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by Zvi Akiva Fleisher

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Ch. 1, v. 2: "Odom ki yakriv mi'kem korbon laShem" - A person when he will offer from among you an offering to Hashem - The next verses go on to say that he should bring it to the door of "Ohel mo'eid" and that he should do "smichoh," placing his hands onto the head of the offering. The Holy Zohar (1:93) writes that bringing an offering "mi'kem" refers to circumcision, an offering from the person's body. Circumcision is done to a ben Yisroel only, not a non-Jew. Then he will be able to come to the door of "Ohel mo'eid" and do "smichoh." Although a non-Jew's "oloh" offering is accepted and processed, he is prohibited from coming to the door of "Ohel mo'eid" and likewise he does not do "smichoh." He cannot even appoint an agent to do "smichoh" for him, as there is a verse that excludes "shlichus," appointing an agent, for "smichoh." (Chasam Sofer)

Ch. 1, v. 3: "Im oloh korbono" - If his offering is an oloh - The Torah begins with an "oloh" rather than any other type of sacrifice because an "oloh" is brought to atone for a sin in the realm of thought. This type of sin is the most common and must be dealt with first. There are options for the offering, an ox, a sheep, and a bird. A wealthy man brings an ox, a medium level is a sheep, while a poor man brings a bird. This corresponds to the attitude towards sin. A wealthy person is haughty and feels that his wealth allows for him to do as he wishes, hence he should bring an expensive animal for atonement. This logic follows through for the mid-level and poor man as well. (Rabbeinu Bachyei)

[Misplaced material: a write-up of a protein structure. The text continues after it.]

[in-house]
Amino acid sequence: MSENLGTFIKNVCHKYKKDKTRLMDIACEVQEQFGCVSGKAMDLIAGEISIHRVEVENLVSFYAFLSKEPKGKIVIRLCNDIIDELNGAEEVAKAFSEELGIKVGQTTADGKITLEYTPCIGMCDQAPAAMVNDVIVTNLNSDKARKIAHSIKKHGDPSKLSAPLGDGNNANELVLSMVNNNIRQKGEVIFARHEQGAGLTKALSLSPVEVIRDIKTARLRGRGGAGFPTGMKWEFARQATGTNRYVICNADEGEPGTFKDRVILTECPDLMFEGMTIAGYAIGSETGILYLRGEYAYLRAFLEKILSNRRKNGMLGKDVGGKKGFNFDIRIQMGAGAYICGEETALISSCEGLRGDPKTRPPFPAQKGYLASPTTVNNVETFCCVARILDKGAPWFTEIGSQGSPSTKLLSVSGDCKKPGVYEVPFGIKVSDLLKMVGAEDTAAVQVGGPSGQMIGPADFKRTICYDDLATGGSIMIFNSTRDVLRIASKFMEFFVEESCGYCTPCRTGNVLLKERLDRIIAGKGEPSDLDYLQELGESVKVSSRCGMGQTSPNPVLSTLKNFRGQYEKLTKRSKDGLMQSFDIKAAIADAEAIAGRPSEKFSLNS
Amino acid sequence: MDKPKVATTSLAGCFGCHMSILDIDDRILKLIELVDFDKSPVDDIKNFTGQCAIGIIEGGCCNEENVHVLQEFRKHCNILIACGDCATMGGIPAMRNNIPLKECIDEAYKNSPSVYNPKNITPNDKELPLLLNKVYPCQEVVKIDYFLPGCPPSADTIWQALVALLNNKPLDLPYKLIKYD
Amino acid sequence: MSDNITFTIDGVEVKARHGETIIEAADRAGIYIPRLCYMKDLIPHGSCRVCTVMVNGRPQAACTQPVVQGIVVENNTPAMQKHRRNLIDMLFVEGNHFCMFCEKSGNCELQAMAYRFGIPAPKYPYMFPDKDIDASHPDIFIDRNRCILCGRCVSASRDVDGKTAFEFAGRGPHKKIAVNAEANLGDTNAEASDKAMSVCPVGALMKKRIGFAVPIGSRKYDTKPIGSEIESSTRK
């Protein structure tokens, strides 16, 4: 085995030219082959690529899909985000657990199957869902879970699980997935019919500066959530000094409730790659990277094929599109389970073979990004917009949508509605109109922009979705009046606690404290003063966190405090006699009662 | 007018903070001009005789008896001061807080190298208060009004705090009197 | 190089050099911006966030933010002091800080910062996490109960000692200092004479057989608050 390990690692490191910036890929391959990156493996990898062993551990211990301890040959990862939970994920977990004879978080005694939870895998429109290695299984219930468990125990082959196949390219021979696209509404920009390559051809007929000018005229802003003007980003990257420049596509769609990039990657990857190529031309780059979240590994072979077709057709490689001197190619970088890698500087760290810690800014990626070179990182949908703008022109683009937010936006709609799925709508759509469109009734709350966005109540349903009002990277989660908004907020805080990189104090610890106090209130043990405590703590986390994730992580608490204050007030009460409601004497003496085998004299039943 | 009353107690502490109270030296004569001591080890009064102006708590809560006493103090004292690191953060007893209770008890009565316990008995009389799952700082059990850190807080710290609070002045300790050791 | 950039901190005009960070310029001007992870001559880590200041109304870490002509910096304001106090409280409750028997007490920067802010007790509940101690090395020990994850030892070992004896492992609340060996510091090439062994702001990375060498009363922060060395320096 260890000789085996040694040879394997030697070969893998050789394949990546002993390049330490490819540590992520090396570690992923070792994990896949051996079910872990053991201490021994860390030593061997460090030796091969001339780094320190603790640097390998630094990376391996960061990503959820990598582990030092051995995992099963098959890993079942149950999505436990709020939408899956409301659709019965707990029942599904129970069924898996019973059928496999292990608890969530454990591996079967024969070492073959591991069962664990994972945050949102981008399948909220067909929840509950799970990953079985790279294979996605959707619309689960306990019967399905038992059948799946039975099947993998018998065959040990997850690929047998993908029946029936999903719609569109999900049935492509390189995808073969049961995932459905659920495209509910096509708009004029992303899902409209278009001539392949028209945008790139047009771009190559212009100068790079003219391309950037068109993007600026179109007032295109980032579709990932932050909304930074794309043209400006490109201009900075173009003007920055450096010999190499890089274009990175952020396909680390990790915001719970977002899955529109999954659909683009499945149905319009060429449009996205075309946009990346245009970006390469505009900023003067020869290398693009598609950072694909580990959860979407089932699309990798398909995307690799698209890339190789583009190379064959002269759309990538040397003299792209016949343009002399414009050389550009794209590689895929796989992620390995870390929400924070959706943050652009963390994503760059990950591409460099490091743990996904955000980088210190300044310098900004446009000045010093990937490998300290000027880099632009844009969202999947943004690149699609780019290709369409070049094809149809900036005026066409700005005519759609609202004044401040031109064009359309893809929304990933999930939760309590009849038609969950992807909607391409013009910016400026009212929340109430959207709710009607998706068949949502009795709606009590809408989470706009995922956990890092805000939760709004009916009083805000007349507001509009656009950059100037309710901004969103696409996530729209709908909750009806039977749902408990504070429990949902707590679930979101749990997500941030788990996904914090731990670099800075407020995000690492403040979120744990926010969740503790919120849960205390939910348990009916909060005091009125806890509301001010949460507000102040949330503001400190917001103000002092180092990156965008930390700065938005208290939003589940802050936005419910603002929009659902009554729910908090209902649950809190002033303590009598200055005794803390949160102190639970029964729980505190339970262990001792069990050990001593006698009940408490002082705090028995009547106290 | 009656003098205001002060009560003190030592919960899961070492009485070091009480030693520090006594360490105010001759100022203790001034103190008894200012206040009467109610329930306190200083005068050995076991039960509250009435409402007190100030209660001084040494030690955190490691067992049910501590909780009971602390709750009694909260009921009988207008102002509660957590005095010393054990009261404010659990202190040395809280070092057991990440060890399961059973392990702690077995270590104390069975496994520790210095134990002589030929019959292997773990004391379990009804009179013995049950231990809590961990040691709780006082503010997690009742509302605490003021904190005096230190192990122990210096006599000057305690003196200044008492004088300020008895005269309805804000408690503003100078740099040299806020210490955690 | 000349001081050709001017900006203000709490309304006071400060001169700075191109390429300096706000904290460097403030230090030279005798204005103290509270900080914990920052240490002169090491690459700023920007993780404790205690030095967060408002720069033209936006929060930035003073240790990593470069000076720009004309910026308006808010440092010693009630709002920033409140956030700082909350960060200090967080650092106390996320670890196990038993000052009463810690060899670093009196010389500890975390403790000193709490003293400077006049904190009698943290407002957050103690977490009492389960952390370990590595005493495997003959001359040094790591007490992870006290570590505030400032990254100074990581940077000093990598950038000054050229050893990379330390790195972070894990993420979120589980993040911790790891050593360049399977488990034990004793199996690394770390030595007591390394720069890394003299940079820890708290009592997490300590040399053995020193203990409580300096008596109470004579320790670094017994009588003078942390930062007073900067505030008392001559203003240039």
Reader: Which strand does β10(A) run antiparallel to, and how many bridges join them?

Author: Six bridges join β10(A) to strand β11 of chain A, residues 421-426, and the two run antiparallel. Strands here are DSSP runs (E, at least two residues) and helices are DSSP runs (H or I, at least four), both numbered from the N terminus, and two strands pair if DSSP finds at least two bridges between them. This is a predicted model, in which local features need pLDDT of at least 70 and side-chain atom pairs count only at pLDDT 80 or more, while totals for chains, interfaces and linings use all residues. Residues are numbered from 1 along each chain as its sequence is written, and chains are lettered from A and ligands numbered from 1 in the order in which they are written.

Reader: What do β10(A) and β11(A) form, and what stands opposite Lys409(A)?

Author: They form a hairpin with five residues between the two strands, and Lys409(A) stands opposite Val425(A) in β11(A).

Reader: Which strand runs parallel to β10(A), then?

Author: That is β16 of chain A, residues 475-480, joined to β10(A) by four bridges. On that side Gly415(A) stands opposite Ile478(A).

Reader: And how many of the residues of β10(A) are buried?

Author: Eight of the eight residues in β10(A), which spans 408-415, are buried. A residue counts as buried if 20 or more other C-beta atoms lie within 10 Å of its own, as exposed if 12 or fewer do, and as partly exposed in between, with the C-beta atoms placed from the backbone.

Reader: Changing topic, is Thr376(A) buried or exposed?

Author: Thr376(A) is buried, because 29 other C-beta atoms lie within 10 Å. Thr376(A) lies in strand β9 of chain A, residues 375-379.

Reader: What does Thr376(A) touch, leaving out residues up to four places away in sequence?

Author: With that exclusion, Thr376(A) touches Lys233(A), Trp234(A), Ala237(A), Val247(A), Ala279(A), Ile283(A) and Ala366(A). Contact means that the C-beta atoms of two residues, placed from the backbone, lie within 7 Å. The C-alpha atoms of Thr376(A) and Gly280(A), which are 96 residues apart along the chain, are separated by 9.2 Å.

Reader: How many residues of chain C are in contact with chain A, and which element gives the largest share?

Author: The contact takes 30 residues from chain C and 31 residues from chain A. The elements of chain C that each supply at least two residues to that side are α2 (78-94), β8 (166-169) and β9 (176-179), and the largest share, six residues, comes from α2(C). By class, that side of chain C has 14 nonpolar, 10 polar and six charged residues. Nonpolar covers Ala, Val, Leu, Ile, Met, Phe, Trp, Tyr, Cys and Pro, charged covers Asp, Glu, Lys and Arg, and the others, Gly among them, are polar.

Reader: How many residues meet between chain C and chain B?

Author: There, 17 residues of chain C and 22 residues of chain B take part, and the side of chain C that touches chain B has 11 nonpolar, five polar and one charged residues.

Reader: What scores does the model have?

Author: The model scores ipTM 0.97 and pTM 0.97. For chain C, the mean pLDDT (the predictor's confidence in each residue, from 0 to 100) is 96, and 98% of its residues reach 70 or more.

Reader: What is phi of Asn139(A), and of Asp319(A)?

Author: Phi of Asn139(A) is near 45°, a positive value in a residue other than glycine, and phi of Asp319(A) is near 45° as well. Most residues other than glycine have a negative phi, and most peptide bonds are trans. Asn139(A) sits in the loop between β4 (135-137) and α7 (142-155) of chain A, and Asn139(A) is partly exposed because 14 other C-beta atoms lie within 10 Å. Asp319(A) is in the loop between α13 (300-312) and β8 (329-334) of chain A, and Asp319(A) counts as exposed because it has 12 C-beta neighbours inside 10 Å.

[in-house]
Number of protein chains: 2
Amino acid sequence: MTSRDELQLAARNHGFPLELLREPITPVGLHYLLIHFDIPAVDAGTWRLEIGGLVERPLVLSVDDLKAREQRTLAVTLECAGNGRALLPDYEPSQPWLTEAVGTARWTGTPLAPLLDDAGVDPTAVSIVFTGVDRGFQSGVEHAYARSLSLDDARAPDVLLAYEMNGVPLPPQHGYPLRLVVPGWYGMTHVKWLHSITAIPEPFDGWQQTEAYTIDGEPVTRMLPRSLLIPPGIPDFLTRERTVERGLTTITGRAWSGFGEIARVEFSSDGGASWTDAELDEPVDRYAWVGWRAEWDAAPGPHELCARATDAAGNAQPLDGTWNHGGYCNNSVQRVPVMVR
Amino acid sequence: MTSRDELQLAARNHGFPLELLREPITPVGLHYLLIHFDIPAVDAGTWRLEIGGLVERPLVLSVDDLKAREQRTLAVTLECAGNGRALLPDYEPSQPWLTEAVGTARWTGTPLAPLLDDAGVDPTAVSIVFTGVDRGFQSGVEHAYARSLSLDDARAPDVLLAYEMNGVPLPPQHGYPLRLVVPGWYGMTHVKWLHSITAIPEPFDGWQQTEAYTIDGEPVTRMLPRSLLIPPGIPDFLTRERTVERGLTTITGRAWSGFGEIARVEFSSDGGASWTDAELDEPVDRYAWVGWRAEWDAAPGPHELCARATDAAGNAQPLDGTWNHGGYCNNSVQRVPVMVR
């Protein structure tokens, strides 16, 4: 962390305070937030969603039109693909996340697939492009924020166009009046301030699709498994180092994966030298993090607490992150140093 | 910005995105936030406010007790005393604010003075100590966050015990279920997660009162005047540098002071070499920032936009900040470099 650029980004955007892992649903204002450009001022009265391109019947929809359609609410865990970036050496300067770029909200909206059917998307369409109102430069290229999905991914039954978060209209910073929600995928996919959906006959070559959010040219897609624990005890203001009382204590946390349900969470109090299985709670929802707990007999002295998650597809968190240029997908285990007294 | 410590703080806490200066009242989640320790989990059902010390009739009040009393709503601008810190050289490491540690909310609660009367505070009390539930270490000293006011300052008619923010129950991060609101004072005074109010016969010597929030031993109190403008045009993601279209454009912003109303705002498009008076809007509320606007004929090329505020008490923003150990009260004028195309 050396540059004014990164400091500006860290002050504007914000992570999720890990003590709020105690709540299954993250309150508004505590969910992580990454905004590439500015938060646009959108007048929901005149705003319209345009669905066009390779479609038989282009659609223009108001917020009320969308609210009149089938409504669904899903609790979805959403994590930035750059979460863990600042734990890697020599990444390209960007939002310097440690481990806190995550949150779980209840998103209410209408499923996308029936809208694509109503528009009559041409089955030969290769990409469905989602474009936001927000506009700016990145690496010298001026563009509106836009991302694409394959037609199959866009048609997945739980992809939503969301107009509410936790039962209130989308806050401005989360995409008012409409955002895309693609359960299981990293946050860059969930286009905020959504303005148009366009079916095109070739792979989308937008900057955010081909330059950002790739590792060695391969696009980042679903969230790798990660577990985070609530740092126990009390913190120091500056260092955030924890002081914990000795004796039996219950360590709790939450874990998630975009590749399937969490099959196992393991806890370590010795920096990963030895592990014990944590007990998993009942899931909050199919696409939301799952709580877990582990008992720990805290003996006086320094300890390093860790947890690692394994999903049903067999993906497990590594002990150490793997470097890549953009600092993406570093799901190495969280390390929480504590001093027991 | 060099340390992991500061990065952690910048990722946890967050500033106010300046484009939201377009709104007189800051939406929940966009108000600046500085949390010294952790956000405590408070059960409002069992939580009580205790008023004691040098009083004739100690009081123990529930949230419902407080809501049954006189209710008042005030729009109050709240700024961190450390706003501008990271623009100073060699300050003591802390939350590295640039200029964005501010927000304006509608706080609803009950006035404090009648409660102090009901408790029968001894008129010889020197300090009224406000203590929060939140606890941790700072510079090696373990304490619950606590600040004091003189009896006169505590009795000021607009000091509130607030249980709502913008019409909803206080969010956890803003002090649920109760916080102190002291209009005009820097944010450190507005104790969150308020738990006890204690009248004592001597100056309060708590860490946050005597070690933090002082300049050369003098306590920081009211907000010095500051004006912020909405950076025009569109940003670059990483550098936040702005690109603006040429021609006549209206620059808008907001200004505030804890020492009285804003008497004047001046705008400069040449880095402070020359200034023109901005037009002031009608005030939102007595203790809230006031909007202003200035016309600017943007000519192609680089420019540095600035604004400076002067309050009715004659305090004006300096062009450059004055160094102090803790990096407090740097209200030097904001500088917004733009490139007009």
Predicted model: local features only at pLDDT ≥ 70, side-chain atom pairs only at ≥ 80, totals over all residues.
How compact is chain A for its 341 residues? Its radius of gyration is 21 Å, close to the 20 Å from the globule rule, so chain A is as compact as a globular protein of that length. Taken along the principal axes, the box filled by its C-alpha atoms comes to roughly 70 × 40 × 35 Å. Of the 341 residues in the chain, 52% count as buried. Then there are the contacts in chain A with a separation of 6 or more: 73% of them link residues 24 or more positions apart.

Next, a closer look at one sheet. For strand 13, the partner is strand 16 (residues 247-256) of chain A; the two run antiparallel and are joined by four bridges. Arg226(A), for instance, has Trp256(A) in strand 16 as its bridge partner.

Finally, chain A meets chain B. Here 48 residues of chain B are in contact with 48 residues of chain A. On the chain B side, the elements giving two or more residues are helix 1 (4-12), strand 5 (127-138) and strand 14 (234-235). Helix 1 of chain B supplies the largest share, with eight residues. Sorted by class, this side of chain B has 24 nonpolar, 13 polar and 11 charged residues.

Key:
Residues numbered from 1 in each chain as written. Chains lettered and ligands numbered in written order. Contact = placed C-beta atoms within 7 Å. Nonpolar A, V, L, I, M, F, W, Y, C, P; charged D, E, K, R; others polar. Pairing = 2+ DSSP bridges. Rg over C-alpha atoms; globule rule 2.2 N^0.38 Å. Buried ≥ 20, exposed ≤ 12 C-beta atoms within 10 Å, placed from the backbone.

Ch. 2, v. 5: "V'im minchoh al hamachavas" - And if a meal offering on the griddle - In our Shabbos zemiros we sing, "Hashomer Shabbos ha'bein im habas loKeil yeirotzeh k'minchoh al machavas." In previous issues we have dealt with the issue of why specifically a "minchoh al machavas."

Another incite is offered. The gemara M'nochos concludes that the "machavas" offering provides atonement even for sins in the realm of action, while the "marcheshes" offering only provides atonement for sins in the realm of thought. Since one who safeguards Shabbos is forgiven even if he sins by worshiping idols as they worshiped during Enosh's generation, an atonement for action, not only thought is provided. This is why the "shomer Shabbos" receives atonement like that provided through a "machavas" meal offering. (Taamo Dikra)